The NASD is proposing to offer UTP Exchanges the ability to participate in Nasdaq's proprietary trade reporting and comparison system, ACT, according to terms established by Nasdaq. Under this proposed rule filing, exchanges that choose to use Nasdaq's ACT system will sign a contract with Nasdaq setting forth the terms and conditions of usage of ACT, including available functionality and applicable rules and fees. UTP Exchange access to ACT may be made available on terms that differ from the terms applicable to NASD members  but that do not unreasonably discriminate among UTP Exchanges.
During three decades of operation, Nasdaq has evolved into one of the largest, most liquid markets in the world and a powerful driver of the U.S. economy. As a market, Nasdaq builds and operates systems that enable its members to execute and report trades in Nasdaq-listed and over-the-counter securities, consistent with Section 15A of the Act. Among the systems that provide the core functionality of the Nasdaq market are its quotation display device, the Nasdaq Workstation II (“NWII”), its execution systems—the Nasdaq National Market Execution System (“SuperSOES”) and SelectNet—and its trade reporting system, ACT. The NWII, SuperSOES, SelectNet, and ACT are examples of Nasdaq proprietary systems.
Nasdaq is also an exclusive securities information processor (“SIP”) under Section 11A of the Act. Pursuant to the Securities Act Amendments of 1975, Nasdaq negotiated and executed a national market system plan, the “Nasdaq UTP Plan,” for quoting and trading of Nasdaq National Market stocks by securities markets that chose to participate in the Nasdaq UTP Plan. As the SIP for the Nasdaq UTP Plan, Nasdaq operates facilities to collect, consolidate, and disseminate quotations and last sale reports of all markets quoting and trading Nasdaq-listed securities. The Plan-sponsored mechanism for entering quotations and last sale reports is a computer-to-computer interface commonly referred to as “the UTP Line.” The Plan does not grant participants access to Nasdaq's proprietary execution facilities, but simply requires that UTP Exchange specialists have access to and be accessible by Nasdaq members via the Start Printed Page 18281telephone. Thus, the SIP facilities are separate and distinct from Nasdaq's proprietary systems.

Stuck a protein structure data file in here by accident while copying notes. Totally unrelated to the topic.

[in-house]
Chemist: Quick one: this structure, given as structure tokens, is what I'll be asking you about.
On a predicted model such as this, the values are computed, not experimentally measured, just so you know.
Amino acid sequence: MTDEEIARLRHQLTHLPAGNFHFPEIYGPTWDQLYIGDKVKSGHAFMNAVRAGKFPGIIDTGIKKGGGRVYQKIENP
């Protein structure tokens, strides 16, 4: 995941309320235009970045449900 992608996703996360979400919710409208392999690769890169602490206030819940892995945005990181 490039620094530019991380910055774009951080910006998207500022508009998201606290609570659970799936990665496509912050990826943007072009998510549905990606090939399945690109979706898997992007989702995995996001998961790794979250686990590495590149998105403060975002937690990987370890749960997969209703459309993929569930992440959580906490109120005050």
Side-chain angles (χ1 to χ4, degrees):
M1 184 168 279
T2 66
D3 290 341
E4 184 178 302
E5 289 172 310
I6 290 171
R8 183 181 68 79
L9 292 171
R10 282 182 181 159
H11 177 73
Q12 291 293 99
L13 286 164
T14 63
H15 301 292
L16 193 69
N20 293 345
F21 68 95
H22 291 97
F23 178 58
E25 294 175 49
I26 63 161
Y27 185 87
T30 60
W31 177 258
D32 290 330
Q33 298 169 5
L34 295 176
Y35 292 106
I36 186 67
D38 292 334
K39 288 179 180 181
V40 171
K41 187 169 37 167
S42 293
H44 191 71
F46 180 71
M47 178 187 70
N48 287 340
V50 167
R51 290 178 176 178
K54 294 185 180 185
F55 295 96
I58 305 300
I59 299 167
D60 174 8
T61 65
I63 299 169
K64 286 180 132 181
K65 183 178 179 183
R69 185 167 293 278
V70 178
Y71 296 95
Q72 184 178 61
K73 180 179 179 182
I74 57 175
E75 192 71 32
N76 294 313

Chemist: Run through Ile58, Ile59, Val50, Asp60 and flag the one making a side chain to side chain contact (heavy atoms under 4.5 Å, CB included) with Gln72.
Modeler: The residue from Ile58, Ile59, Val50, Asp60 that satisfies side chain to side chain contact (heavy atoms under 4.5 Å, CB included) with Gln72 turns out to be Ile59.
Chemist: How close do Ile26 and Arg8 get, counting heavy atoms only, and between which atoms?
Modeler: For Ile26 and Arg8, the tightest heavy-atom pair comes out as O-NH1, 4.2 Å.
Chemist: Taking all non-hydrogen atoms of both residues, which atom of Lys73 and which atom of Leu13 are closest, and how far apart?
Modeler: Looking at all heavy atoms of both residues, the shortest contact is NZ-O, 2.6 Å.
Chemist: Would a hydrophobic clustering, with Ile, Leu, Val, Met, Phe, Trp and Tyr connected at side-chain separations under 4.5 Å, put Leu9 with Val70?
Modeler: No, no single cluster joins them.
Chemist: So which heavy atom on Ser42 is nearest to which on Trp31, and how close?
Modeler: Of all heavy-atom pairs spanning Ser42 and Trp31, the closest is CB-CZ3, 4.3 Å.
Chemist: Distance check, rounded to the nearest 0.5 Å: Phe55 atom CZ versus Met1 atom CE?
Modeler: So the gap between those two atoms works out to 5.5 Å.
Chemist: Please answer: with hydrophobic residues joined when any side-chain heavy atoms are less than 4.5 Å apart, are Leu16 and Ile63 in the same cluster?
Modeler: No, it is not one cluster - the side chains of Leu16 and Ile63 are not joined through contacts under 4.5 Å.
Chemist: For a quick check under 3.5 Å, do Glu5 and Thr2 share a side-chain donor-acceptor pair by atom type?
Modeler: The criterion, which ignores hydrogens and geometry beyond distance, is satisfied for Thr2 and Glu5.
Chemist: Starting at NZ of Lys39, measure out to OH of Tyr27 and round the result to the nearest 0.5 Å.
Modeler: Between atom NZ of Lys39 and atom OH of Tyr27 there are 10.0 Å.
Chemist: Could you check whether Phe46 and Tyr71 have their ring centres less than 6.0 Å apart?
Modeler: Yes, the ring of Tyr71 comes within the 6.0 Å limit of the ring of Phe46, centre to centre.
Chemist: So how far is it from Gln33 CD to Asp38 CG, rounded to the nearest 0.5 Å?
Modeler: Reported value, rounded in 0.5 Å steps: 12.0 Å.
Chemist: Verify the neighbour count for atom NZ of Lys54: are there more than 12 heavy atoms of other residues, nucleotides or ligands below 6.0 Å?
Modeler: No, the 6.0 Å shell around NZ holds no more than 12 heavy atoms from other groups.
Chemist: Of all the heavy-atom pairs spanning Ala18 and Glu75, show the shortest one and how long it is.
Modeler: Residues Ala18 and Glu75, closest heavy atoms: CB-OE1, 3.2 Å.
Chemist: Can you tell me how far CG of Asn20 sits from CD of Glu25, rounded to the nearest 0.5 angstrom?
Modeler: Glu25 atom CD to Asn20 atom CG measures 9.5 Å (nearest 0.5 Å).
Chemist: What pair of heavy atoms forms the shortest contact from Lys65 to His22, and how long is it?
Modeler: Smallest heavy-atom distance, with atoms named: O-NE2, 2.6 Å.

Nasdaq will continue to maintain a technological, financial, and regulatory distinction between its role as a market and its role as a SIP. As a SIP, Nasdaq is obligated to provide UTP Exchanges access only to the facilities enumerated in the Nasdaq UTP Plan, namely, the UTP Interface and the telephone. The UTP Interface allows other market centers to send Nasdaq quotes and trade reports for inclusion in the consolidated quote and trade dissemination systems that Nasdaq operates. As a market, Nasdaq is not obligated to provide UTP Exchanges with access to any of Nasdaq's proprietary systems. Therefore, subject to SEC approval where necessary, Nasdaq is entitled to condition the manner in which it will voluntarily make its proprietary systems, including ACT, available to UTP Exchanges that choose to use them. Whether acting as a SIP or a market, Nasdaq will act in a nondiscriminatory manner and will make best efforts to reach a contractual solution with each UTP Exchange that wishes to use the ACT system.